JUNEAU (AP) — The state of Alaska on Tuesday proposed an exploration plan aimed at determining the oil and gas potential in the Arctic National Wildlife Refuge.
It comes just over a week after Interior Secretary Sally Jewell, in a letter to Gov. Sean Parnell, said a seismic exploration proposal suggested by the state in May is prohibited under federal law and would require congressional authorization. She also reiterated the Obama administration's opposition to allowing drilling on the coastal plain of the refuge.
State Natural Resources Commissioner Dan Sullivan, during a news conference in Anchorage on Tuesday, said under the Alaska National Interest Lands Conservation Act, the secretary must approve an exploration plan if it meets the necessary requirements. He said he believes the plan the state is now formally submitting does.
Sullivan later made clear that Tuesday's actions were separate from — though related to — what the state proposed in May. The earlier proposal represented an alternative the state believed should have been considered as the feds weigh a management plan for the refuge.
Jewell, in her June 28 letter, said the exploration authorization expired in the 1980s. Sullivan said that's not his read of the law, and the responsibility will fall on the federal government to prove there was some sunset.
Parnell declined to speculate on what the state might do if Jewell denies Alaska's exploration plan. The state also is seeking a special use permit.
State officials have seen the plan as capable of helping to reinvigorate — and reshape — the debate over whether to drill on the refuge's coastal plain. Parnell has expressed frustration that the feds haven't sought to assess the oil and gas potential as part of its management plan for the refuge. A U.S. Fish and Wildlife Service spokeswoman has said Congress must weigh in on any potential oil and gas activity on the roughly 1.5-million acre coastal plain.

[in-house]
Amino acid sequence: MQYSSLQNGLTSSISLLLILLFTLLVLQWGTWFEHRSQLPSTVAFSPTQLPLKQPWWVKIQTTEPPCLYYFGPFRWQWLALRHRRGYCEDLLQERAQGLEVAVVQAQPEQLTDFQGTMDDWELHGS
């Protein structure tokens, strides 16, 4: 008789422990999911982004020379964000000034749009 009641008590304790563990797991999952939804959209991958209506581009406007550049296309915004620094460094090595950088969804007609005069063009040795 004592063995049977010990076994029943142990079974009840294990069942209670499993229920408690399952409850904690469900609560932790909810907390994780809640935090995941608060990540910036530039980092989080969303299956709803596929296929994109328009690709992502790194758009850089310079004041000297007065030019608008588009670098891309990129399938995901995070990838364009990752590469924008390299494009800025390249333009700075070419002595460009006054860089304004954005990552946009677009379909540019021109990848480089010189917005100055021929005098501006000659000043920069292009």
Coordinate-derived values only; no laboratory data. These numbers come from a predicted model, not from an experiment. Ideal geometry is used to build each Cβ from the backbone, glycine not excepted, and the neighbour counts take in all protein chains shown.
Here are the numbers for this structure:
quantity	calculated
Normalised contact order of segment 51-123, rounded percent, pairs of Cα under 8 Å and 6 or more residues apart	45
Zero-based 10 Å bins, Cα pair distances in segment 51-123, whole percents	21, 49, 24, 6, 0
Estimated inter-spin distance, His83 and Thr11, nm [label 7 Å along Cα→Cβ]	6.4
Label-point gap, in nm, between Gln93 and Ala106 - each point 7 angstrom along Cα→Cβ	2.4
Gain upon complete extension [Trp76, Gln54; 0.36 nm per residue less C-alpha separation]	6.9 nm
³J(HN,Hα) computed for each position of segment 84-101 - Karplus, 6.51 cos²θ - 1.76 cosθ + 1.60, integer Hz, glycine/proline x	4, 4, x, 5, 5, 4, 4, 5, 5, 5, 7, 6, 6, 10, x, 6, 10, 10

“We believe the people of America deserve to know the value of the resources below ground in ANWR so that can be balanced with the value of the fish and wildlife resources on the surface,'' Parnell said. “All of it — all of it — belongs to our people.''
The last seismic program took place in the early 1980s. In 1987, the Interior secretary at the time recommended development. Congress in 1995 passed legislation that would have allowed for drilling but then-President Bill Clinton vetoed that. Efforts since then to open the refuge for development have gone nowhere.
Sen. Mark Begich, D-Alaska, called the state's proposal sound, and said the Obama administration is wrong in opposing drilling in the refuge. He said in a release that he would work with Parnell and other members of the congressional delegation in pushing the administration to allow for seismic work and exploration.
U.S. Rep. Don Young, R-Alaska, said in a release that regardless of one's stance on drilling in the refuge, “Alaskans and Americans deserve to know what they own.''
An Interior spokeswoman said Jewell's letter from last month stood as an immediate response to Tuesday's announcement. The state says under federal law, the exploration plan must be published and made available for public review, a hearing must be held in Alaska and plans consistent with the lands act must be approved in 120 days.
Parnell in May proposed a multiyear, multimillion-dollar 3D seismic program under which he saw the state, federal government and private sector playing a role. He had told Jewell he'd need a “positive indication'' from the feds on the plan before asking the Legislature for up to $50 million toward the program.
On Tuesday, he said he no longer envisions a federal partnership and is willing to ask the Legislature to put more than $50 million toward the effort.
The state is proposing “very low-impact state-of-the-art'' three-dimensional seismic surveys from 2014 to 2017.
Pamela A. Miller, Arctic program director for the Northern Alaska Environmental Center, sees the state's effort as an attempt to open the region to oil and gas drilling and thwart the purposes of the refuge, which include protecting wildlife and wilderness values.